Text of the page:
The music of San Francisco Bay Area progressive rock band Fractal has been described as "music to tap your brain to", and as painful as that sounds, the reality is their music is a lot more pleasurable than that.
Don't get me wrong--I understand perfectly what the description is designed to convey, and I think it's fitting. Progressive rock has always been looked on (by those who don't just dismiss it as pretentious) as a sort of "thinking man's rock and roll", incorporating complex musical arrangements with often poetic and wordy lyrics. Brain-tapping fodder indeed. But the fact is the older I get, the less I give a damn about mind shattering profundities when it comes to song lyrics. I've come to understand that more often than not, the marriage of words and music is something that should be viewed in a new-world context; that is to say, no union should be forced. At its best, music and voice ought to come together seamlessly and without effort. Few artists accomplish this, and fewer yet have the capacity to strike a chord with their audience in the manner that Fractal has with their second studio album Sequitur.
A powerful successor to 2003's all-instrumental Continuum, Fractal's latest effort ups the ante both stylistically and substantively. What their debut album may have been lacking in vocals has more than adequately been made up for by the addition of Josh Friedman, a singer/guitarist whose vocal timbre is a bit reminiscent of Ed (Live) Kowalczyk, but whose delivery is much more subdued, and ultimately more mature. In no other song is this more evident than "Giving Tree", an ethereal ballad in which Friedman delivers a vocal performance that balances itself skillfully between the wicked worlds of cautious restraint and overwhelming emotion. Far too often it's the audience's burden to bear witness to an inexperienced vocalist biffing it on the issue of whether or not to let it all go and risk coming off like an adolescent drama queen, or hold back and come off stoic and unfeeling. Fortunately this isn't the case here; Friedman weaves his way expertly through a lush and atmospheric soundscape, firmly anchored by the exquisite bass and drum playing of James Mallonee and Paul Strong, respectively. Lead guitarist Nic Roozeboom is no slouch either, offering a guitar solo on a par with the early works of Robert Fripp, before Fripp forsook what he does best and opted instead for what he does today. And for those in the audience who long for those days of old, this is nothing less than a gift.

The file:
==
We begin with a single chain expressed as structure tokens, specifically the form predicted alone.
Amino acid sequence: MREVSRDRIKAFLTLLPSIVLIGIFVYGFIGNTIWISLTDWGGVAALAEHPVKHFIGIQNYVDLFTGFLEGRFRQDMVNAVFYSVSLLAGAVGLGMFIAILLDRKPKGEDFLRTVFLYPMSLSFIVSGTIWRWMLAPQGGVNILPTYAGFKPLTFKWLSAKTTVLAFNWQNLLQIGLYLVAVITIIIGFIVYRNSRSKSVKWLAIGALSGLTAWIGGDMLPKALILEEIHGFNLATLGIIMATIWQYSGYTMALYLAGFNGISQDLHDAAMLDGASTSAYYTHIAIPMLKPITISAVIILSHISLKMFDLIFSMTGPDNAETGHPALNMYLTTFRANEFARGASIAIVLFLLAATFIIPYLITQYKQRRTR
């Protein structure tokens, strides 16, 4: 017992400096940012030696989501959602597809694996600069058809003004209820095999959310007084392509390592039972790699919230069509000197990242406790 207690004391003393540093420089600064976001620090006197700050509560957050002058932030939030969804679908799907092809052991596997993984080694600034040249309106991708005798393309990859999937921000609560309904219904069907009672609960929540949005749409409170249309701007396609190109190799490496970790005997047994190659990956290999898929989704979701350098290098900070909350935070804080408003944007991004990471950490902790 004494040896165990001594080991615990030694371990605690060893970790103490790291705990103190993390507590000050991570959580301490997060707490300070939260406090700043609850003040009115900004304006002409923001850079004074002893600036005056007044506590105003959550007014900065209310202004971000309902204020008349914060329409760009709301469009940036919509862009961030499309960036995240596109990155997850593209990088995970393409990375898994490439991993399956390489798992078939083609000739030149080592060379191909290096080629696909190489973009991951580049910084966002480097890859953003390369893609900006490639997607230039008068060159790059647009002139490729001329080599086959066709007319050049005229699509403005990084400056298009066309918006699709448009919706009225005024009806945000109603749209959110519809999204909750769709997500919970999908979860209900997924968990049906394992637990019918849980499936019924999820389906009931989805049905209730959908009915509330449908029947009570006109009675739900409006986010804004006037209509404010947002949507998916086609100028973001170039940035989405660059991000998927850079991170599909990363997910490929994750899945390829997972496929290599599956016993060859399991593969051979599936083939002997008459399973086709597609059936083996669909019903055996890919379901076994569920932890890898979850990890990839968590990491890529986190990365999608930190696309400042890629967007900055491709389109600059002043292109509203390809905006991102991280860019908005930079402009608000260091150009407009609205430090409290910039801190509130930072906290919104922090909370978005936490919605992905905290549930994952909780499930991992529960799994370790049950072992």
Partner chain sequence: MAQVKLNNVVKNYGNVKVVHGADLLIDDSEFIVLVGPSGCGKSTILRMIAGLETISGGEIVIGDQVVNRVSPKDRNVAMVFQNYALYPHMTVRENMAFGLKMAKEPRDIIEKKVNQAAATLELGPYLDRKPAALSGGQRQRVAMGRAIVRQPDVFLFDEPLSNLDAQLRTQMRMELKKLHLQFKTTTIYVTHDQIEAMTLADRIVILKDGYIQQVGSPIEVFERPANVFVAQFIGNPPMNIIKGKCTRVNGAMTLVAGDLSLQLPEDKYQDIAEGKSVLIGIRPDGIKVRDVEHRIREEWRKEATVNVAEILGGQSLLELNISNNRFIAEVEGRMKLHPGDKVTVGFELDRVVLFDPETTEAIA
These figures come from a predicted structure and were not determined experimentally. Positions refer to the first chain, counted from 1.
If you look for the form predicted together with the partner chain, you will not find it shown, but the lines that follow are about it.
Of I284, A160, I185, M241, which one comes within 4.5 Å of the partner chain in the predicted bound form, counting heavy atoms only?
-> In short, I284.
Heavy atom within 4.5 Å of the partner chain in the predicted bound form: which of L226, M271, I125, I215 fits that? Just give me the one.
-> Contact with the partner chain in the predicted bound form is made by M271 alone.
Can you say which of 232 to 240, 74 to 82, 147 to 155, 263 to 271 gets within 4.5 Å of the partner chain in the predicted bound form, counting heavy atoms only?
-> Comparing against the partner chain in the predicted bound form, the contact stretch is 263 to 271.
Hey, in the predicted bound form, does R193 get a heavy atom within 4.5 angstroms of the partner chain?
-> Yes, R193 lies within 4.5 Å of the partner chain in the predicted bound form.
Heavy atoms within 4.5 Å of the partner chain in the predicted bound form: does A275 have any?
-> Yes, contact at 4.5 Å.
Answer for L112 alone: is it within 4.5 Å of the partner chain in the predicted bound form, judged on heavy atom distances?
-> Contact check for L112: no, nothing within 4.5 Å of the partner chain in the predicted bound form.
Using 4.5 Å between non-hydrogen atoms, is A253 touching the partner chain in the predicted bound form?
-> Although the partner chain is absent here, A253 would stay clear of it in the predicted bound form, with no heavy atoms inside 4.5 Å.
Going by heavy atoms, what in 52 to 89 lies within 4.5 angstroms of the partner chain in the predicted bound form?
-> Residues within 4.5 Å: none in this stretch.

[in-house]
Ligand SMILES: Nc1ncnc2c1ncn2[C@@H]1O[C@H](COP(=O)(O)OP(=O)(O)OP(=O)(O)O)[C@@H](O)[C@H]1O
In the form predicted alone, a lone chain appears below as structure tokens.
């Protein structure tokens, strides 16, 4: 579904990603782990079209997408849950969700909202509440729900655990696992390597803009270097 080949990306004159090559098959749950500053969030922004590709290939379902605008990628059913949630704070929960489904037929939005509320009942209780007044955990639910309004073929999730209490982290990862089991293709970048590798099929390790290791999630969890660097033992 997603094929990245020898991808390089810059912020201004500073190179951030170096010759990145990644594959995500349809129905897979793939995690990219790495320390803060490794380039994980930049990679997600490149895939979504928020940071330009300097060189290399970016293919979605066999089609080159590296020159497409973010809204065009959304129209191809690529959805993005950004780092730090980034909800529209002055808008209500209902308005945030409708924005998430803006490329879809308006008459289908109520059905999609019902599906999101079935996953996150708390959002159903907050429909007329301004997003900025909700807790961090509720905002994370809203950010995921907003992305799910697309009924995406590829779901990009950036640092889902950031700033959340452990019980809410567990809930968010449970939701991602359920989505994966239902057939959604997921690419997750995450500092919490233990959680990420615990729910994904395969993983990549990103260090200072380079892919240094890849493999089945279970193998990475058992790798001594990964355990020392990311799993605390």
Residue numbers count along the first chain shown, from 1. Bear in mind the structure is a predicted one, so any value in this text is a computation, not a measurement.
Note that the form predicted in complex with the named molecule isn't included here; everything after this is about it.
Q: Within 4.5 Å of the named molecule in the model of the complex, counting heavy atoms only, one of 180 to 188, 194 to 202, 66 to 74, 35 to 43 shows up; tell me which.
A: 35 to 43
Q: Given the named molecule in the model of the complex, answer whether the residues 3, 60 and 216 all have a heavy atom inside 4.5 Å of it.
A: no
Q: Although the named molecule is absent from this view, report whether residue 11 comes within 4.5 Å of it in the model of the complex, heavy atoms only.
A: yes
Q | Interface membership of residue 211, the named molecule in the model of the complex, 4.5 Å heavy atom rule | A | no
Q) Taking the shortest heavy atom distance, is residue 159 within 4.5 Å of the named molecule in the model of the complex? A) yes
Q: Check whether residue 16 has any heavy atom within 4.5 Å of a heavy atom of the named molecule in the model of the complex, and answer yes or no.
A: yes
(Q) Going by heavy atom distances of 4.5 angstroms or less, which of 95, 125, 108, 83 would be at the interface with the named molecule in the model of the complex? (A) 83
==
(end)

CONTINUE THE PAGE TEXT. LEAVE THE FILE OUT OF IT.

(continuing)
In fact it could be said that the whole of Sequitur is just that--a gift to progressive rock fans, the culmination of a wish list for the disillusioned ear. All too often the bands we love, for whatever purpose or excuse, simply stop giving us the very things that make us love them. It's an artistic tug of war between artist and appreciator, between those who want to spread their wings and those who want them to stay exactly as they are, and it's a struggle that's been known to kill more than a few great acts along the way. It makes you wonder if maybe the guys in Fractal are not only musically gifted, but perhaps also graced with a bit of marketing savvy, one that might be summed up in a few clever words: if your favorite prog band's quit doing what you love, give Fractal a try.
It's for this very reason that a band like Fractal, operating on their own and without a label to do all the hard work for them, continues to pick up the type of PR and favorable reviews a lot of signed acts would salivate over. The bottom line is, these guys have it where it counts. If they're not offering up challenging instrumental passages framed in odd time signatures on a track like the album opener "Ellipsis" (which sounds an awful lot like something King Crimson might have composed back in the Discipline era), they're tearing it up Frank Zappa-style on "The Monkey's Paw". The definitive statement of this band's instrumental prowess, however, arrives on the 13-minute epic "Churn", a track with enough musical movements to make Gabriel-era Genesis flush with envy.
This isn't meant to say that Fractal is a band that doesn't stray from the prog playbook. Even in the midst of this, the highest-profile point of their career, at a crucial juncture where one mislaid step could spell disaster, these guys don't wilt under the pressure. Instead, they step forward bravely. And never is a band (progressive or otherwise) more brave than when they un-self-consciously abandon all expectation and take a swing at an entirely different genre of music. Such is the case with the album's final track "Bellerophon", an unbelievably groovy instrumental that would almost sound more at home in a dance club than on the tracklist of a prog album. It's so effective that it made me wonder what else this talented band has up their collective sleeves, and provides the perfect cliffhanger that only a follow-up album will satisfy. No matter how long it may take to arrive, consider me sold.